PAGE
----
Four Rules for Newbies
Welcome newbies! It is great to be a newbie because that means you are willing to learn and try something you know little about. You may be excited and a little anxious, so you look for a little help. Continue reading
It makes sense to look to others for help. Unfortunately, experienced makers at times feel that newbies are too demanding, lazy or dare I say it, entitled.
How then, can you get information and assistance?
Follow these four simple rules to almost guarantee good results and better relations with other makers.
Rule #1 – Nobody owes you anything
You know someone who makes it or join a group of makers. They should immediately tell you all you want to know and share some good recipes with you, right?
The people you are looking to for help spent hours studying and learning. They may have paid for courses or experts to help them. They made costly mistakes which they turned into learning opportunities. Why should they give all of that away for your convenience? The answer is, they don’t have to.
Despite that, a great number of makers are willing to help, which leads to the next rule.
Rule #2 – Do not take advantage of others’ generosity
You find someone or a group of people who are willing to help. Hooray! They will now happily spoon-feed all the information and advice they took years to gain, right?
Most people come across in this industry are extremely giving but that does not mean you can use them up for free assistance and then go on your merry way and forget all they did.
To get help from others as a good citizen of the handmade industry, check out rules 3 and 4.
Rule #3 – Be considerate
A considerate person respects others’ time and effort in getting where they are. They do not expect the proverbial silver platter of information and formulas. The thoughtful learner keeps the conversation on topic and does not ask wide open questions that require a great deal of time or effort on the expert’s part.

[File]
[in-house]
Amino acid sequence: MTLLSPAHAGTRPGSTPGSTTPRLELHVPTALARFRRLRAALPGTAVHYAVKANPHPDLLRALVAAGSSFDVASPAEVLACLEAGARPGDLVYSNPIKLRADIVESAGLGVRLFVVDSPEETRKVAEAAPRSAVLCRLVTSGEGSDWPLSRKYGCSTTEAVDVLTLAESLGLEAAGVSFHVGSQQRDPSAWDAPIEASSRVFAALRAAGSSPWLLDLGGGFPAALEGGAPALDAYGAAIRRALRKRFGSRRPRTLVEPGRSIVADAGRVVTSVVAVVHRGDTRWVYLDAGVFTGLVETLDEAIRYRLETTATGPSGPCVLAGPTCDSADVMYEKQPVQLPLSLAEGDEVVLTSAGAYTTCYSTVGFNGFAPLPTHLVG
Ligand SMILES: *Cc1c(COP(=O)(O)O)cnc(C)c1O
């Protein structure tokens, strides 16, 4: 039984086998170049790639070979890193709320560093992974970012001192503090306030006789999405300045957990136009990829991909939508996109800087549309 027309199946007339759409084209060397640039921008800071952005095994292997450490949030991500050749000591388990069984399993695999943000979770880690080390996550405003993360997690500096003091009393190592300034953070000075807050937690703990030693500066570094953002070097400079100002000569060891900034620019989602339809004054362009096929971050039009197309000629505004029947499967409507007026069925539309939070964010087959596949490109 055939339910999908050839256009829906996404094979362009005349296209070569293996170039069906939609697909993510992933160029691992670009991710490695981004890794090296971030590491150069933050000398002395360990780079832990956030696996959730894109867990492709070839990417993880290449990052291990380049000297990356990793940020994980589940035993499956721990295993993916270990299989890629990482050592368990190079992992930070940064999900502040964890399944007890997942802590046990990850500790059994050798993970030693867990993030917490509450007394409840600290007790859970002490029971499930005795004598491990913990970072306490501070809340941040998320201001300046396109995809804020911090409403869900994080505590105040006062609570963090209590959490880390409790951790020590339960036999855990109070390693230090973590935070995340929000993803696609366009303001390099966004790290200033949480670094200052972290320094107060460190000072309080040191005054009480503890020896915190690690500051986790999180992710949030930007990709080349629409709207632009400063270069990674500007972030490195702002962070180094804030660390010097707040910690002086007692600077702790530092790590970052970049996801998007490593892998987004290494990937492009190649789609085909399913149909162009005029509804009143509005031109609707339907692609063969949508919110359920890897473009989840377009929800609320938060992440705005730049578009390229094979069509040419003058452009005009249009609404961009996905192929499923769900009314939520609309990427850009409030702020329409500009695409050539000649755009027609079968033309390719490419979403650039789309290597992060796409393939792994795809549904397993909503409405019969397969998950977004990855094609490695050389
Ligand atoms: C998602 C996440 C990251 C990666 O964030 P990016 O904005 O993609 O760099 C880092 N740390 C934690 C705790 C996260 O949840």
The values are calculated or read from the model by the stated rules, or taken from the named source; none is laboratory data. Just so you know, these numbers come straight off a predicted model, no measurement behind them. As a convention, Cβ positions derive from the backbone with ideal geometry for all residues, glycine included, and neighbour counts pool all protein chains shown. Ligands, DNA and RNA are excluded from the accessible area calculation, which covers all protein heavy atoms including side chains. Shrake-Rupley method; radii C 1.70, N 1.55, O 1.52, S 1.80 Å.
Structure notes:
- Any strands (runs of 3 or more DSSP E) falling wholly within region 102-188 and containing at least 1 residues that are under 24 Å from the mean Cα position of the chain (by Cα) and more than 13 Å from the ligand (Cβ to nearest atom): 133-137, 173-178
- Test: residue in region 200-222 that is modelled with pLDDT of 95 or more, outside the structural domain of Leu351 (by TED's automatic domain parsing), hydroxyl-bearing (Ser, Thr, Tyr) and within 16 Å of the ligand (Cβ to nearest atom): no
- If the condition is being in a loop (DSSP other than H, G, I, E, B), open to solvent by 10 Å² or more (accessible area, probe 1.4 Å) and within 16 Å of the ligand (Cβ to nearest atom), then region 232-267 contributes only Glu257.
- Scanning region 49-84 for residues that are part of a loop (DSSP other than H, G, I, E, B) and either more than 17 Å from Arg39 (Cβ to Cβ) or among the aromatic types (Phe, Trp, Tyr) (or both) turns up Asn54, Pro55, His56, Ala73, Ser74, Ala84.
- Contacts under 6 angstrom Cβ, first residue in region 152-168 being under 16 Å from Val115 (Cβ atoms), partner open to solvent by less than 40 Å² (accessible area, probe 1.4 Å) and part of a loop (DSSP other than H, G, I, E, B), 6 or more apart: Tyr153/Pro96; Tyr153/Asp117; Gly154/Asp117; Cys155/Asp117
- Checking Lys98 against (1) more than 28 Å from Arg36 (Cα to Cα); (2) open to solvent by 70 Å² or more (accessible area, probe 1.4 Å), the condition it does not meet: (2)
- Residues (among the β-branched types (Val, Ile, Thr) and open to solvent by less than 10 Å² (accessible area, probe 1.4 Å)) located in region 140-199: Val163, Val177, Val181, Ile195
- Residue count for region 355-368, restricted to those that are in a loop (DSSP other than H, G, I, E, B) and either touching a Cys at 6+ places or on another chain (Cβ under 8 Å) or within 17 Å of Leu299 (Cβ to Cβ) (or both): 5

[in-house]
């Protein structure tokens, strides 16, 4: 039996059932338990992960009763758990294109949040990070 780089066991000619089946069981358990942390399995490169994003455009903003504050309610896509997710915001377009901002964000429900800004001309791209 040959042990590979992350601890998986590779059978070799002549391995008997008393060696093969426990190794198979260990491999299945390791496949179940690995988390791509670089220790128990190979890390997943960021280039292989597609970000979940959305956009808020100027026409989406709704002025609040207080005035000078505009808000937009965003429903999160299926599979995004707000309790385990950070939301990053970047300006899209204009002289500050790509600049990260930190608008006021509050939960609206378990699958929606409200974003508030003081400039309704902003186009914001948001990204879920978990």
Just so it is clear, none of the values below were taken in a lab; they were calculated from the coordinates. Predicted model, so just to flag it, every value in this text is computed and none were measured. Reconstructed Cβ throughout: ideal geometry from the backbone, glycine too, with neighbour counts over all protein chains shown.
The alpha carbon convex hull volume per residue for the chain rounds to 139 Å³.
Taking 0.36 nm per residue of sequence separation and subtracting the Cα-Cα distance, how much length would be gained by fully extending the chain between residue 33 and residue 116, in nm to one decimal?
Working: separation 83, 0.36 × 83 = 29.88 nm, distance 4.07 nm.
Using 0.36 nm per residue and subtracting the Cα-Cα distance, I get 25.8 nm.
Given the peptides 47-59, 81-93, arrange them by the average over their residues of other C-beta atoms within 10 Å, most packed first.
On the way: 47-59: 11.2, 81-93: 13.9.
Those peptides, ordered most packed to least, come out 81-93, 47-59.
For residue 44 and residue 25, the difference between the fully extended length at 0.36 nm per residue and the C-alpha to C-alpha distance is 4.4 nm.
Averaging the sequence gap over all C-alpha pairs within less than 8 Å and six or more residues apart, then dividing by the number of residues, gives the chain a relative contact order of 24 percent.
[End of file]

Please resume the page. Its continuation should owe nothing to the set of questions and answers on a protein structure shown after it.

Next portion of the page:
A considerate person will ask for reliable sources of information first and ask questions about the topic later after they digest it.
Finally, a considerate person realizes that mistakes and failures are part of the learning process. Sometimes, they are fixable, but even if they are not, they assure growth.
A considerate learner will NEVER, EVER ask someone to share a paid formula or anything else they promised not to share.
Rule #4 – Show gratitude
Does it need explanation? In case it does, say thank you to those who help you. A simple thanks goes a long way to develop a good relationship with others. For someone who takes more time with you, an expressive note or even a simple gift is a welcome surprise. For a mentor, you might go even go further. Acknowledge publicly that you didn’t get there alone.
See? It’s not so hard. Practice the four rules and get making!